Working Leadership comes to Austin TX. For more information, follow this link.
Here are the dates –

  • Session One – Aug 25, 2017, 1-4:30p
  • Session Two – Sep 1, 2017, 1-4:30p
  • Session Three – Sep 8, 2017, 1-4:30p
  • Session Four – Sep 18, 2017, 1-4:30p
  • Session Five – Sep 22, 2017, 1-4:30p
  • Session Six – Sep 28, 2017, 9a-12p

For registration information, ask Tom.

Panic and Seduction

From the Ask Tom mailbag –

Question:
You suggest that a manager must push work to the team and that is the only way to gain control. I pushed work to my team and things got worse. Chaos emerged. I was better off before. I had to step back in and take control.

Response:
Of course, things got worse. It was a seduction. You pushed decision making and problem solving to the team and they panicked. This not-so-subtle shift of accountability from the leader to the team sent the team into panic.

As long as the manager is making all the decisions and solving all the problems, as long as the manager is barking orders, raising the voice of authority, repeated lecturing about misbehavior and underperformance, the manager has all the accountability. It was a seduction.

When accountability shifted, the team panicked, chaos ensued and the seduction began again, to have you, as the manager step in and take it all back.

The most effective position for the manager in this seduction is very simple. Outlast the panic.

Working Leadership comes to Austin TX. For more information, follow this link.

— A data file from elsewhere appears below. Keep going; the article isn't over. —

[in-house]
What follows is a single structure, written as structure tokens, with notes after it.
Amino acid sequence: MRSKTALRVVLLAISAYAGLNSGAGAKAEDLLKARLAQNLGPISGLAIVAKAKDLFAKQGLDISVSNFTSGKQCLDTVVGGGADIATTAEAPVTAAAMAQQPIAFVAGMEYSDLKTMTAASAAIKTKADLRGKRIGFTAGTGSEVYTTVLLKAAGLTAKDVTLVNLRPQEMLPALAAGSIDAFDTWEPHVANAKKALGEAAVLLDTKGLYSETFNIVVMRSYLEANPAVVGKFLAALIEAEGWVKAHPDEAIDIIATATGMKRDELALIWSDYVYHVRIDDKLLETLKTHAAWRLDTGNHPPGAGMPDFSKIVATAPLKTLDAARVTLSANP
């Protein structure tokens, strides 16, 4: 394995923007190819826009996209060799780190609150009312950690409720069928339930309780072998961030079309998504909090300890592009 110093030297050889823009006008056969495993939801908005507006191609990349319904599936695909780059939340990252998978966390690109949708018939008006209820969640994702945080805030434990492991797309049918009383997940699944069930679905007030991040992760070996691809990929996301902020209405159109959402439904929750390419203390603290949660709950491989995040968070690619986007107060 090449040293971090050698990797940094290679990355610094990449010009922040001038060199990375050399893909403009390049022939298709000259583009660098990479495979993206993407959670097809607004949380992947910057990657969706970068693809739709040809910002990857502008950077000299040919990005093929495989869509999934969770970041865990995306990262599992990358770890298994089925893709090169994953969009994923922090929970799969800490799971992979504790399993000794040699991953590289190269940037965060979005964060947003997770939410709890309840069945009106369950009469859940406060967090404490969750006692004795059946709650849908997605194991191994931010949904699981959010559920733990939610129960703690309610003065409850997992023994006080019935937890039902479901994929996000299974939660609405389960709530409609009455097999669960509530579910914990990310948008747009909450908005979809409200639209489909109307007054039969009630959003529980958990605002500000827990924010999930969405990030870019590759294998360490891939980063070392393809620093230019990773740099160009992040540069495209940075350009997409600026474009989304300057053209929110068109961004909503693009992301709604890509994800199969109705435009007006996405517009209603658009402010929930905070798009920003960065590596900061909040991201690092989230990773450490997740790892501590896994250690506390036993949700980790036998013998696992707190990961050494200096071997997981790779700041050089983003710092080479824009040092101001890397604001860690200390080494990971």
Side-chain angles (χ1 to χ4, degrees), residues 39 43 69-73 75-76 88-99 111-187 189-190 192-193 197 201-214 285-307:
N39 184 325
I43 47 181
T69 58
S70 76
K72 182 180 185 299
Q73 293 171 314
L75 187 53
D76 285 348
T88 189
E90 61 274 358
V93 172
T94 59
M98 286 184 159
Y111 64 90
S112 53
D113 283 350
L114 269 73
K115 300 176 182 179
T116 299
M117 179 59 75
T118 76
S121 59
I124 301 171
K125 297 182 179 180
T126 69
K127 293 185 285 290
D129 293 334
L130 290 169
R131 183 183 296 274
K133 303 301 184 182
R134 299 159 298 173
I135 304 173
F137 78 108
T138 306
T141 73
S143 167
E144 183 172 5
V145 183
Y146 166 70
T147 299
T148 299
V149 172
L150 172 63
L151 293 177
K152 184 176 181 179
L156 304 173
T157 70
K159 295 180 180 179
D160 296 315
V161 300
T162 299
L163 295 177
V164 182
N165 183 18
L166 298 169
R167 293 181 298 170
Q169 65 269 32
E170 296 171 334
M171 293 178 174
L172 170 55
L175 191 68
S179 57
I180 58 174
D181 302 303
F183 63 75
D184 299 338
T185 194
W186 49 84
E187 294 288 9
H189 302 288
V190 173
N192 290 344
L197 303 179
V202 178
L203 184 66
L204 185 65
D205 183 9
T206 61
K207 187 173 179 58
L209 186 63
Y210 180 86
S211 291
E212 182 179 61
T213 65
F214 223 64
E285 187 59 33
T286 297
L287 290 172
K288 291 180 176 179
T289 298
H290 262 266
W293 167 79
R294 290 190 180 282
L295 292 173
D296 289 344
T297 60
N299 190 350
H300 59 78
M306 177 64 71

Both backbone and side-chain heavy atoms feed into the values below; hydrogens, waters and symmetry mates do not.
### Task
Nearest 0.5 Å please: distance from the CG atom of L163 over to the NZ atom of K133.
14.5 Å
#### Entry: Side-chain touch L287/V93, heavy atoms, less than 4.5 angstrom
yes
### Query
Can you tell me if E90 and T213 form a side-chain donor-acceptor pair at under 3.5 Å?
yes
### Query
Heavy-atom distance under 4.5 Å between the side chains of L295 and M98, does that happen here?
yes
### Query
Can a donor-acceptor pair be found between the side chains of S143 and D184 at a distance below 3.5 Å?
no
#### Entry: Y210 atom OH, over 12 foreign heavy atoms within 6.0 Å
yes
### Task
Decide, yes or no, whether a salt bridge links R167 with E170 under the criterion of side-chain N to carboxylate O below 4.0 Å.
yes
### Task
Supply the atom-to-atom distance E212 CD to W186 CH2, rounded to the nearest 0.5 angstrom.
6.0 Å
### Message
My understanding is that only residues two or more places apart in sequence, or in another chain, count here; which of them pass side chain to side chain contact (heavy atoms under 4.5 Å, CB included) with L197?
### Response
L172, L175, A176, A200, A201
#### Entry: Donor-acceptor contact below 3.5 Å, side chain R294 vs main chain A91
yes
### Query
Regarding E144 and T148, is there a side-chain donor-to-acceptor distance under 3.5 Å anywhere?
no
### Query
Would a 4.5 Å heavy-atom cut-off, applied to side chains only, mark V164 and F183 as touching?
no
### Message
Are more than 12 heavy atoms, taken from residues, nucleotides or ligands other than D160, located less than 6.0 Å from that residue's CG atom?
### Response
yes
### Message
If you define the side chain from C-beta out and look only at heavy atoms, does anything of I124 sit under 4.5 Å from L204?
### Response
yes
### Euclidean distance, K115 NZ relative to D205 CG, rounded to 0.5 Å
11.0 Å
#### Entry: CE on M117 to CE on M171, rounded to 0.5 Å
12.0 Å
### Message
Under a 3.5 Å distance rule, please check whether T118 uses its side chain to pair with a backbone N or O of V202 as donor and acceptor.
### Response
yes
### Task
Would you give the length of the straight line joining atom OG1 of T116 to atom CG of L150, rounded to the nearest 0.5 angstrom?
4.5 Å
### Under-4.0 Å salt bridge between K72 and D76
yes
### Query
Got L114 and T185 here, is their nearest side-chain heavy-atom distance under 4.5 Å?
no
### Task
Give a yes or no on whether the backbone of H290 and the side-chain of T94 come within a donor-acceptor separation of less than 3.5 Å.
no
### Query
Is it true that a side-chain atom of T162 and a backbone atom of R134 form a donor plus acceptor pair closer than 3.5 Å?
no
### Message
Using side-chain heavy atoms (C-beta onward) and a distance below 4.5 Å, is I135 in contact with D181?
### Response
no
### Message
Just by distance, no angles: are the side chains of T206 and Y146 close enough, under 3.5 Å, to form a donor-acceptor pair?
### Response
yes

Here are the dates –

  • Session One – Aug 25, 2017, 1-4:30p
  • Session Two – Sep 1, 2017, 1-4:30p
  • Session Three – Sep 8, 2017, 1-4:30p
  • Session Four – Sep 18, 2017, 1-4:30p
  • Session Five – Sep 22, 2017, 1-4:30p
  • Session Six – Sep 28, 2017, 9a-12p

For registration information, ask Tom.

The Illusion of Managerial Control

As managers, we do all kinds of things in an attempt to maintain control. In our roles, we are given goals to implement with our teams. Our teams, at some point, let us down, there is a bit of mistrust coupled with the adage learned from our mothers that if you want a job done right, you have to do it yourself.

Unfortunately for our (control-freak) minds, there is too much work to do ourselves, so we find it necessary to assign tasks to our team. Yet, we tip-toe out and peek over shoulders, not micro-managing, but enough oversight to identify a mistake in the method. We take corrective action, perhaps a performance-improvement-plan, increase the frequency of our coaching and dial up the volume.

Still, it makes little difference. In spite of the shouting, the gathering of metrics, the deadline is missed and the defect rate is above threshold. We sit in our office, after hours, with our head in our hands and wonder we are the only ones who seem concerned about this lack of accountability. We have lost control.

This scenario of control is an illusion. It does not exist except in the mind of the manager. The manager can only control what one person can control and there is too much work to go around for one person.

The manager who carries all the keys to all the doors and all the closets (makes all the decisions and solves all the problems) will never be in control. Only when appropriate decision making and appropriate problem solving is pushed to the team does the manager resume control. It is counter-intuitive. The only way to really be in control is to let go.

Working Leadership comes to Austin TX. For more information, follow this link.
Here are the dates –

  • Session One – Aug 25, 2017
  • Session Two – Sep 1, 2017
  • Session Three – Sep 8, 2017
  • Session Four – Sep 18, 2017
  • Session Five – Sep 22, 2017
  • Session Six – Sep 28, 2017

For registration information, ask Tom.